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A Class Divided - Movie Review

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"A class divided" is a film which has a greater impact on the society we are living in. It was released on 26th march, 1985 and was produced and directed by William Peters. It is a documentary of a third grade teacher who tried to teach her students a lesson on prejudice and discrimination. Teacher, Jane Elliott, decided to teach her student a practical lesson on discrimination following the assassination of Dr. Martin Luther King in 1968. Teacher Jane Elliott knew she had to do something although she was living in a homogenous town of Iowa. This documentary covers an exercise in discrimination based on eye color with two groups of children in the third grade classroom and adult employees of the Iowa state prison system at a daylong workshop on human relations. In 1970 when Jane Elliott conducted her experiment, PBS filmed a documentary, "Eye of The Storm" which was based on her experiment on blue eyed and brown eyed children in her classroom.

This film is an expanded edition of William Peters's classic study of the unique eye-color lesson in prejudice and discrimination taught by Jane Elliott. This new film continues the story of teacher Jane Elliott and her sixteen third graders of 1970, eleven of whom returned to their home town in 1984 for a reunion with their former teacher. Peters reports on that meeting and its evidence that the long-ago lesson has had a profound and enduring effect on the students' lives and attitudes.

Sociological Analysis

Several sociological topics demonstrated in this film include racial, ethnicity and minority groups, local and global stratification and social inequality. The topic of racial, ethnicity and minority group was clearly demonstrated by the prejudice and discrimination experienced in this film. Local and global stratification and social inequality is portrayed by the social classes emerging in this film.

In this film all the people appear to beat risk to the spiteful effects of racial prejudice and discrimination. The children in the third grade classroom and the adult prison employees in the state prison reacted similarly when judged and treated unjustly on the basis of the eye color. Those who were treated as inferior in the film became uncomfortable, frustrated and disoriented and felt rejected and dehumanized. When asked to perform a simple task those in the inferior position had problems in doing the right things and following directions. Those who were treated as superior performed these tasks easily and then boasted to the others how smart they were, accusing them of inferiority because of their eye color. Those who were treated as superior started creating new ideas of harassing and dehumanizing their alleged inferiors.

As portrayed in this film, racial prejudice can exist in the absence of minority group members. Teacher Jane Elliott portrayed this by first asking the third grade pupils what they knew about the blacks before she started conducting her experiment. These children expressed negative ideas which I do think were clearly received from the significant adults in their all-white, all Christian community. The only minority group members in their environment were only those seen on the television yet you could hear them express negative things concerning the minority. This clearly shows how racial prejudice can occur in the absence of the minority group. Prejudice mostly occurs as a result of discrimination, but not its cause. In this film, teacher Jane told her student that possession of a specific physical characteristic was an indication of inferiority. Students possessing certain characteristic soon began to act as though the negative traits she attributed to were real. Children in the superior position saw this as proof that her statements were fact and real. A trend was thus created, with the superiors discriminating and dehumanizing against the inferiors and the inferiors acting more and more negatively.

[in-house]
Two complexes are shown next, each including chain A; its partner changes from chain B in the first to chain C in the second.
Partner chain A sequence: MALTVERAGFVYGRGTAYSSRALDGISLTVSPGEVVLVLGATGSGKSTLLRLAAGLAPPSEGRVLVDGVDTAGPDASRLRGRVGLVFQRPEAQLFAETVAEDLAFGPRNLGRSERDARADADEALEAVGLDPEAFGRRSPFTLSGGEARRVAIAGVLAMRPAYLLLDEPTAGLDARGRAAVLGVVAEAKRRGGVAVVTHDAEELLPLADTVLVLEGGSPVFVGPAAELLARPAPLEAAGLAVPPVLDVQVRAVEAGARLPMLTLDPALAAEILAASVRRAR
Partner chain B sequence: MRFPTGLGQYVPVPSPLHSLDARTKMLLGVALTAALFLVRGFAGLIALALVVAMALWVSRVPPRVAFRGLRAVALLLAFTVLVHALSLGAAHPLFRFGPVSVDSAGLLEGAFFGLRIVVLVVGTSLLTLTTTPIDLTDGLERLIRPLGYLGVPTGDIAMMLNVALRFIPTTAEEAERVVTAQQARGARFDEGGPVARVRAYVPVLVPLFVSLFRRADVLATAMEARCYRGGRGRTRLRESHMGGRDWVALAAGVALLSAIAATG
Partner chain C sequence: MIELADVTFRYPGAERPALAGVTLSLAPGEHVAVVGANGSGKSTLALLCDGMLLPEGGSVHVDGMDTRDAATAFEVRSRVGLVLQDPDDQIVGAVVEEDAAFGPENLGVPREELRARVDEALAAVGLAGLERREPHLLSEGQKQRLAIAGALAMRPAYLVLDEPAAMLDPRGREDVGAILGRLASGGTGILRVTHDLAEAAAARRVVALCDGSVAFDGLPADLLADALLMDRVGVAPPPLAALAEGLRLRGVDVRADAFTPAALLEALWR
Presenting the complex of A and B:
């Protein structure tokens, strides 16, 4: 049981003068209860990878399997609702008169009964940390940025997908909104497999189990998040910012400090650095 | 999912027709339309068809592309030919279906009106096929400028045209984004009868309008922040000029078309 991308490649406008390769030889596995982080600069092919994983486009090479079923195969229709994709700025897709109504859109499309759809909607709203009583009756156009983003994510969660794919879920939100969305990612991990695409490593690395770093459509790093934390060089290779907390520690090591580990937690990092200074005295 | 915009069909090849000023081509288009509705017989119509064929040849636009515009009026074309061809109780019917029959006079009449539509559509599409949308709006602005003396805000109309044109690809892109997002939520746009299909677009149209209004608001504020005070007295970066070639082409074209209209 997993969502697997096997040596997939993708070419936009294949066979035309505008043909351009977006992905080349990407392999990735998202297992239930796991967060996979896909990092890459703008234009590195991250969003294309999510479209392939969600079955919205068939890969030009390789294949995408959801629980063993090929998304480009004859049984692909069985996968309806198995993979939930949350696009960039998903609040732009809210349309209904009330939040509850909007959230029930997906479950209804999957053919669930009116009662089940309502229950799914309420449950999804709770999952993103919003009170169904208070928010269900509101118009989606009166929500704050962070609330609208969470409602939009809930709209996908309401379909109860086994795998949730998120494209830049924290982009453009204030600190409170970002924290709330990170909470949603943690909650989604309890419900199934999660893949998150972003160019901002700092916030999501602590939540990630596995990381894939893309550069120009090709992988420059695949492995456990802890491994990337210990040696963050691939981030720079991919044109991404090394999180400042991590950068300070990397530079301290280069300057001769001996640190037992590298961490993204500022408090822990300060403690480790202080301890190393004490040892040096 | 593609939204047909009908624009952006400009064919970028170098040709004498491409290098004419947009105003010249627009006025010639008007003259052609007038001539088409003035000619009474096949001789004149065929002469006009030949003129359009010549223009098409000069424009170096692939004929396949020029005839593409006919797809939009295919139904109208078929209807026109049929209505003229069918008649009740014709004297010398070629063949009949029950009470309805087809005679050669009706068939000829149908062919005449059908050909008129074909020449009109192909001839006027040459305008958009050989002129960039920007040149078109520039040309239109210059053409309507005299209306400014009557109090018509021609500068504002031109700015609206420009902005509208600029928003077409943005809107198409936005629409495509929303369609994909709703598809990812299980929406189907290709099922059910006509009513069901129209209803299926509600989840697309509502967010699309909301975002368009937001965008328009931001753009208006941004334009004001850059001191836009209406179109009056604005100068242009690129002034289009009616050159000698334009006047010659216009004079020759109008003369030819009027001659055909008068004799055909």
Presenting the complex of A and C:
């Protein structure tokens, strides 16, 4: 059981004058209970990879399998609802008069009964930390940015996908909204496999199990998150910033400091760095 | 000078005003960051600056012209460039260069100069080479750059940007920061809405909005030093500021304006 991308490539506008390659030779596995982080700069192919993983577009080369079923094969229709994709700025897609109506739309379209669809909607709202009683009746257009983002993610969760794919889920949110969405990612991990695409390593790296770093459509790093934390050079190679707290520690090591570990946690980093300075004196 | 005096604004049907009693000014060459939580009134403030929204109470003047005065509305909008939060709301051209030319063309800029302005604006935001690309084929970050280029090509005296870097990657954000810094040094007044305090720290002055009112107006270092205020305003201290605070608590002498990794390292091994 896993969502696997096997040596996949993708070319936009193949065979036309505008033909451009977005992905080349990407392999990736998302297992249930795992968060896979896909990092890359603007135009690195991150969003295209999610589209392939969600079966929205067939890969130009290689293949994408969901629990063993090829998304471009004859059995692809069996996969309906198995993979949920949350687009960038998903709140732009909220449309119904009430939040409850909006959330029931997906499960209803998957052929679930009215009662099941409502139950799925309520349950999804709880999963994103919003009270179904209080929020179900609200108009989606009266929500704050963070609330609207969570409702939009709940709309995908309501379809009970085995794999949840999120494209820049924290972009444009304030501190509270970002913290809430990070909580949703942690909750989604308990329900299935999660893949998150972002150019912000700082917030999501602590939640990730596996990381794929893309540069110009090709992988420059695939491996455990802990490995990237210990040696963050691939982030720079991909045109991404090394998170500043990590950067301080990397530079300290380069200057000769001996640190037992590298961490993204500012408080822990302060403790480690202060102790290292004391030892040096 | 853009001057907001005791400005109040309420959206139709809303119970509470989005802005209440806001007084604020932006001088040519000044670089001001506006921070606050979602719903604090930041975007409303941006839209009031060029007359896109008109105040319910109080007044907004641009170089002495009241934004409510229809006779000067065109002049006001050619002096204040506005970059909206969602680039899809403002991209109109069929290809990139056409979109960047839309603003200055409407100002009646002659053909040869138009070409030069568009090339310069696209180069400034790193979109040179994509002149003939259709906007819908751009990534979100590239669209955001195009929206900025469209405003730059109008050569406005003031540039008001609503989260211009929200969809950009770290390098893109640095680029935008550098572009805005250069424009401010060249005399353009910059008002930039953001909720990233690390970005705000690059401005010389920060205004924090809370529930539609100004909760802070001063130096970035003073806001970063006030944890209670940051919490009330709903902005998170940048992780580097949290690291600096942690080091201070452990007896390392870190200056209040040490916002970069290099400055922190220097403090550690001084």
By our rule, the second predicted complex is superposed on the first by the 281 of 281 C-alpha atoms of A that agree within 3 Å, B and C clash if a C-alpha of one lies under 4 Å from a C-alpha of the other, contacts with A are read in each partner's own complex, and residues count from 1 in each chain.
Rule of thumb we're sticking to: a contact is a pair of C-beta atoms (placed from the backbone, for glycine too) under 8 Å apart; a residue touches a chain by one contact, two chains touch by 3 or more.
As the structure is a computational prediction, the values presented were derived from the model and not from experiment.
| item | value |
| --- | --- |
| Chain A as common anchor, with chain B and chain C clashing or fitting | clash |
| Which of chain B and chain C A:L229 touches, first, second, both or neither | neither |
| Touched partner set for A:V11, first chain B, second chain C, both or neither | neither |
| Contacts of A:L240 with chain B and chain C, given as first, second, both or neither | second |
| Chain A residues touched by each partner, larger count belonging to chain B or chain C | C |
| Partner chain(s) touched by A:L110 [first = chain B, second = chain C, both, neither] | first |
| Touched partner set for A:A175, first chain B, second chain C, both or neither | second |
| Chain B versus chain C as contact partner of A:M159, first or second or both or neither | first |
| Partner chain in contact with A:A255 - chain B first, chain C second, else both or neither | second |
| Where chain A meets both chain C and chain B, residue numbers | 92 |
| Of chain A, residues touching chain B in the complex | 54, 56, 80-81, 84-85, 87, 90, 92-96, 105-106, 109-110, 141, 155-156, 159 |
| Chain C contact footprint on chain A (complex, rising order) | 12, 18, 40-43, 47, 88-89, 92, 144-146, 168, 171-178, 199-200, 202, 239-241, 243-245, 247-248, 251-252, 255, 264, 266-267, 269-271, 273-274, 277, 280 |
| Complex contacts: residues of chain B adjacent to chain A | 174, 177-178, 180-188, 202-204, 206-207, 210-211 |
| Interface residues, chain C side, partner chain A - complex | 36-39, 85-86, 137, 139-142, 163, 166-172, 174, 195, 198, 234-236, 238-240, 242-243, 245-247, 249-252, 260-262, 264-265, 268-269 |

The part of the film which was showing adult employees of the state prison clearly shows that they behaved the same way as the children of the third grade. From this part, we can learn that people tend to live according to what others expect from them. When these adults were placed in a powerless position and accused of a physical condition over which they had no control, they behaved the same way as the children. They became confused, helpless, passive, resigned and fatalistic and lost their natural orientation toward goals and success. This happened even though it was an exercise to last for a short while. The superior groups continued to harass and dehumanize their alleged inferior groups.

This film clearly portrayed that racial prejudice is a learned response. Both the third grade children and the adult employees were manipulated by teacher Jane into accepting and basing their behavior on the totally irrational idea that one should evaluate oneself and others by the authority given by the teacher. After seeing those designated as inferior began to behave in an inferior manner, it became increasingly easy to believe that the eye color was the cause, since that was the only difference between the two groups. Within a short period of time one could clearly see that these groups had believed the myth of their teacher and they were behaving according to this myth.

A class divided is portraying how the social inequality is practiced in our societies. This is clearly shown by the way social



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